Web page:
MISHNA With regard to the houses of the unwalled courtyards mentioned in the Torah (see Leviticus 25:31), i.e., houses in villages that are not surrounded by walls, one accords them the exceptional provisions that apply to houses of walled cities and the exceptional provisions that apply to fields. Therefore, they are redeemed immediately and for the entire twelve months following the sale, like in the sale of houses of walled cities, and not like fields, which may be redeemed only after two years. And they leave the possession of the buyer during the Jubilee Year or with a per annum deduction from the money of the sale price, like the sale of fields. By contrast, houses of walled cities become the possession of the buyer in perpetuity after one year, and if they are redeemed within the year, one pays the full sale price.

גמ׳ תנו רבנן (ויקרא כה, לא) על שדה הארץ יחשב הקישו הכתוב לשדה אחוזה מה שדה אחוזה יוצא ביובל ובגרעון כסף אף בתי החצרים יוצאין ביובל ובגרעון כסף

GEMARA The Sages taught: The verse states: “But the houses of the courtyards that have no wall round about them shall be reckoned with the fields of the country; they may be redeemed, and they shall go out in the Jubilee” (Leviticus 25:31). The verse juxtaposed houses of unwalled courtyards to an ancestral field: Just as an ancestral field leaves the possession of the buyer in the Jubilee Year or with a per annum deduction from the money of the sale price, so too, houses of the unwalled courtyards leave the possession of the buyer in the Jubilee Year or with the per annum deduction from the money of the sale price.

אי מה שדה אחוזה אינה נגאלת בפחות משתי שנים אף בתי החצרים אינם נגאלים פחות משתי שנים תלמוד לאמר (ויקרא כה, לא) גאולה תהיה לו מיד הואיל ונתת להם כח יפה שבשדות וכח שדה שבבתים יכול לא יצאו ביובל תלמוד לאמר (ויקרא כה, לא) וביובל יצא

The baraita continues: If one derives the halakha from an ancestral field, then just as an ancestral field may not be redeemed less than two years after its sale, so too, houses of the unwalled courtyards may not be redeemed less than two years after their sale. Therefore, the verse states: “They may be redeemed,” indicating that they may be redeemed immediately. The baraita continues: Since you have accorded houses of the unwalled courtyards the exceptional provisions that apply to fields and the exceptional provisions that apply to the houses of walled cities, one might have thought that they do not leave the possession of the buyer in the Jubilee Year. Therefore, the verse states: “And they shall go out in the Jubilee.”

מאי קאמר אמר רב הונא לא נצרכא אלא למקדיש בית בבתי החצרים וגאלו אחר מיד הקדש ופגע בו יובל בשנה שניה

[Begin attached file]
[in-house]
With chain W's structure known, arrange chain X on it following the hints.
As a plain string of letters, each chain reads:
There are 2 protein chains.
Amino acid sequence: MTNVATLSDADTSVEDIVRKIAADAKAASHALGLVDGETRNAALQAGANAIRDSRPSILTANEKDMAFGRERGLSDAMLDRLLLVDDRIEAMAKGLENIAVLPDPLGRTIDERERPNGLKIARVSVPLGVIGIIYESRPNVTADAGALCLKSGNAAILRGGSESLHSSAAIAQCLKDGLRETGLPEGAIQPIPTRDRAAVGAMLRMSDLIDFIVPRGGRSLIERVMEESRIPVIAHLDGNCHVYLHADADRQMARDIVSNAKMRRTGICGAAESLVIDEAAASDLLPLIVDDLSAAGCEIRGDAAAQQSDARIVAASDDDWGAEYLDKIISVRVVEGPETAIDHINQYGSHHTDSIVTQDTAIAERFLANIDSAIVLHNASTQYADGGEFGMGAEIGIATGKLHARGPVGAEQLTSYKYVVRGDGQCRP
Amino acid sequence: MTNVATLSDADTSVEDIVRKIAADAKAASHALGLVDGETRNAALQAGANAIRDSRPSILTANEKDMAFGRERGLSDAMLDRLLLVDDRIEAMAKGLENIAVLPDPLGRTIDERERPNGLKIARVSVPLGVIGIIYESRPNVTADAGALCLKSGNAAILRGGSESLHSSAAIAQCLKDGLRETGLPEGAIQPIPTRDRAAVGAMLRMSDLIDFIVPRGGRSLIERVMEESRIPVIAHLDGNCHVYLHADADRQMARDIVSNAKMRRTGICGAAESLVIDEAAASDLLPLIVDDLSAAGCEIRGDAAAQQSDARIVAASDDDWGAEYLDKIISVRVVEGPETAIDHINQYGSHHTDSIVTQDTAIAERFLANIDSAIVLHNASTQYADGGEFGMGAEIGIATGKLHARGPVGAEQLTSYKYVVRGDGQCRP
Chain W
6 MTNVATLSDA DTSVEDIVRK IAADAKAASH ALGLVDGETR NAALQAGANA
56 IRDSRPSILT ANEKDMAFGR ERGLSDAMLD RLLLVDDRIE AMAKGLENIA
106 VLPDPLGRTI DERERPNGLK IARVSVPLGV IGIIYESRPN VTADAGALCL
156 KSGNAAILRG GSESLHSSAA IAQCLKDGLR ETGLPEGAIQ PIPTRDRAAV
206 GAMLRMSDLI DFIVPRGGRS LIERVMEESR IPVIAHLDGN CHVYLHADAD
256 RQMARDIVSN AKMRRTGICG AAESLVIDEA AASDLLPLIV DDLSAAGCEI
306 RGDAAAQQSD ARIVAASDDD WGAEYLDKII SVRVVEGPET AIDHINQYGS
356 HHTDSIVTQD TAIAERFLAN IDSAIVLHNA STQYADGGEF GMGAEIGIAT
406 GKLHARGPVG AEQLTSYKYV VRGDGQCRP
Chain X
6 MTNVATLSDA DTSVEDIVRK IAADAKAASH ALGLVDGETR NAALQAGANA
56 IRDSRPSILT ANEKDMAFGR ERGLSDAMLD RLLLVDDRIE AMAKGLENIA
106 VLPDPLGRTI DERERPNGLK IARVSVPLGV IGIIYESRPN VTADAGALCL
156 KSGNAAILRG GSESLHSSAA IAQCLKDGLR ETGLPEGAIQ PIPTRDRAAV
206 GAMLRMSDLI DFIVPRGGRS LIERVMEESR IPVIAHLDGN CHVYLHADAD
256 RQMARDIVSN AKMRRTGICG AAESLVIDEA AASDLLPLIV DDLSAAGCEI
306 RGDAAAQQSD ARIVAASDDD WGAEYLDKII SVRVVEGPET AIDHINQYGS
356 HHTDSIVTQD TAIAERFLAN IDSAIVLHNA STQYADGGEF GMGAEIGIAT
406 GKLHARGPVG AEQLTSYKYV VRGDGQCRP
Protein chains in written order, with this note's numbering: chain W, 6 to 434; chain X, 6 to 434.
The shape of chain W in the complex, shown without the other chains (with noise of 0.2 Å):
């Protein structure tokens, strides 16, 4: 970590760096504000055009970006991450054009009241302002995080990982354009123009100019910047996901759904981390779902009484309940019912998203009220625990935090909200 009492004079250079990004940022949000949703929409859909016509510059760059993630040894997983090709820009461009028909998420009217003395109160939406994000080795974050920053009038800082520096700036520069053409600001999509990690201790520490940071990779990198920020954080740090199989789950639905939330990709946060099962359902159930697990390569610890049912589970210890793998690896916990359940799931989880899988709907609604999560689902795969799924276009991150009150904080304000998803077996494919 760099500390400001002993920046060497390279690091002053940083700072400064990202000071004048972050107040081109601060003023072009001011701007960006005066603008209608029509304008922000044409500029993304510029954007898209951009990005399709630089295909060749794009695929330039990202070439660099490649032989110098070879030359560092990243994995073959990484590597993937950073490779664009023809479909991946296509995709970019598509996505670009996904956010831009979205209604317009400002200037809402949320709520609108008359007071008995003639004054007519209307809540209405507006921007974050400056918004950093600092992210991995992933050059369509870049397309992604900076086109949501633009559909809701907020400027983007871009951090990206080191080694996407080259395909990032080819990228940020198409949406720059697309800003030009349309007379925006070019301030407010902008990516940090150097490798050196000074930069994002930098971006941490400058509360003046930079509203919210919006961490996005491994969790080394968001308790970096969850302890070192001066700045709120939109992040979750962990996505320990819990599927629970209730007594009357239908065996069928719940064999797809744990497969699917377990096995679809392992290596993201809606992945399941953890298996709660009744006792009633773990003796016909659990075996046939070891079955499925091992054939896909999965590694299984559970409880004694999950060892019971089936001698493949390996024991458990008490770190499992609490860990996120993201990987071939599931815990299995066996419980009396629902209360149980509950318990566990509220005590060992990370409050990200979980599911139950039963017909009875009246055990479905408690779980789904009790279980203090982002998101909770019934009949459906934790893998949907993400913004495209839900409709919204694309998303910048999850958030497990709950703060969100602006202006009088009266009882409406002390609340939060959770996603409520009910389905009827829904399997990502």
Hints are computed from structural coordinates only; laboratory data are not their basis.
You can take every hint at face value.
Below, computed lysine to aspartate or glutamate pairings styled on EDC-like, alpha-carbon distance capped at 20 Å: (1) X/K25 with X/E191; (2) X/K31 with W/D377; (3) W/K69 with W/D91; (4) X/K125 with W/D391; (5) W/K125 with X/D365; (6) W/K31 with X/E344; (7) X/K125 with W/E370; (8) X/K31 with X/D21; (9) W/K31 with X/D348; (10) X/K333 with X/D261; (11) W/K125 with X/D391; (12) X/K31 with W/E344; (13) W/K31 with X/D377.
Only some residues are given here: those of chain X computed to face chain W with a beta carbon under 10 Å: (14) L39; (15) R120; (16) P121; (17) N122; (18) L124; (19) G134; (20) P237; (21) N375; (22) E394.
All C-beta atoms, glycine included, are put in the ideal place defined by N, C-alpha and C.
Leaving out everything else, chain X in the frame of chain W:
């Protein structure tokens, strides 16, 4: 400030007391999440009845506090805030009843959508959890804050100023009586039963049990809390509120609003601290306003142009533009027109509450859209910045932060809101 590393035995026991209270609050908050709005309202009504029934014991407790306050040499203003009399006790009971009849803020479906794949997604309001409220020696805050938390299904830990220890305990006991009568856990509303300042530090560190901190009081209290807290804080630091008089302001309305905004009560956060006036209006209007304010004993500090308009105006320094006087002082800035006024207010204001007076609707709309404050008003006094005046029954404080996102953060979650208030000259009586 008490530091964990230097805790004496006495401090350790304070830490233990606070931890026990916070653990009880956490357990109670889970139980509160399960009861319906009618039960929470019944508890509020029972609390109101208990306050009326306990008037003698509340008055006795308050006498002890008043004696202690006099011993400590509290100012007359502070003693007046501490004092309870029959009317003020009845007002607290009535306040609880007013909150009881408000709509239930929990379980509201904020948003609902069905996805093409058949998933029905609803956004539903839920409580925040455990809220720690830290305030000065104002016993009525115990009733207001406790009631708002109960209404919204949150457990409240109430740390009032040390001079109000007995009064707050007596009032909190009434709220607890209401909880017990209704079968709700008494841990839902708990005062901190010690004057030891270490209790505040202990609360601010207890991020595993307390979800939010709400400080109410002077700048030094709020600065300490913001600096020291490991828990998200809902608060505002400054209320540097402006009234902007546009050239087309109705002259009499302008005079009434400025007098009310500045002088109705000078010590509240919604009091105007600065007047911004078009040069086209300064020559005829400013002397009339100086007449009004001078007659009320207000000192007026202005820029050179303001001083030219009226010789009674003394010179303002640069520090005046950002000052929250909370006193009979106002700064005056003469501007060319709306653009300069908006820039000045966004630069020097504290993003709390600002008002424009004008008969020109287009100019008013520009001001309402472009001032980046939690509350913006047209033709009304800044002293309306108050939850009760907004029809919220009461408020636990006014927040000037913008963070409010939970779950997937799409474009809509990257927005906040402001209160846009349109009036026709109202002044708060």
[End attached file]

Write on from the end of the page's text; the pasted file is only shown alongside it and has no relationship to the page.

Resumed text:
The Gemara asks: What is the tanna of the baraita saying in the last clause, i.e., why might one think that such houses do not leave the possession of the buyer in the Jubilee Year? After all, ancestral fields leave the possession of the buyer in the Jubilee Year, and the tanna teaches that the exceptional provisions of an ancestral field apply to houses in unwalled courtyards. Rav Huna said: The verse is necessary only for the case of one who consecrates a house among the houses of the unwalled courtyards, and another redeemed it from the possession of the Temple treasury, and the Jubilee Year arrived in the second year after its redemption.

למאי מדמית ליה אי לבתי ערי חומה מדמית ליה איחליט ליה ללוקח אי לשדה אחוזה מדמית לכהנים נפקא להכי אצטריך וביובל יצא

Rav Huna elaborates: To what will you compare this case? If you compare this house to houses of walled cities that were consecrated and redeemed by another, then the house belongs to the buyer in perpetuity by the end of the first year (see 31b). If you compare it to an ancestral field that was consecrated and redeemed by another, it leaves to the possession of the priests in the Jubilee Year (see 25a). For this reason it was necessary for the verse to state: “And they shall go out in the Jubilee,” to teach that houses in unwalled courtyards which were consecrated and redeemed by another are returned to their owners in the Jubilee Year.

מתקיף לה רב זעירא מאי איריא גאלו אחר אפילו לא גאלו נמי אמר ליה אביי שלא יאמרו הקדש יוצא בלא פדיון

Rav Zeira objects to this: Why is it necessary to interpret this verse as referring specifically to a case where another redeemed the house from the Temple treasury? Even if another did not redeem it, the house should also be returned to its owner in the Jubilee Year, as the verse states simply: “And they shall go out in the Jubilee.” Abaye said to Rav Zeira: An unredeemed house is not returned to its owners in the Jubilee Year, so that people will not say that consecrated property can leave the possession of the Temple treasury without redemption.

מנלן מבן לוי מה בן לוי שיפה כחו בממכרו הורע כחו בהקדשו ישראל שהורע כחו בממכרו אין דין שהורע כחו בהקדשו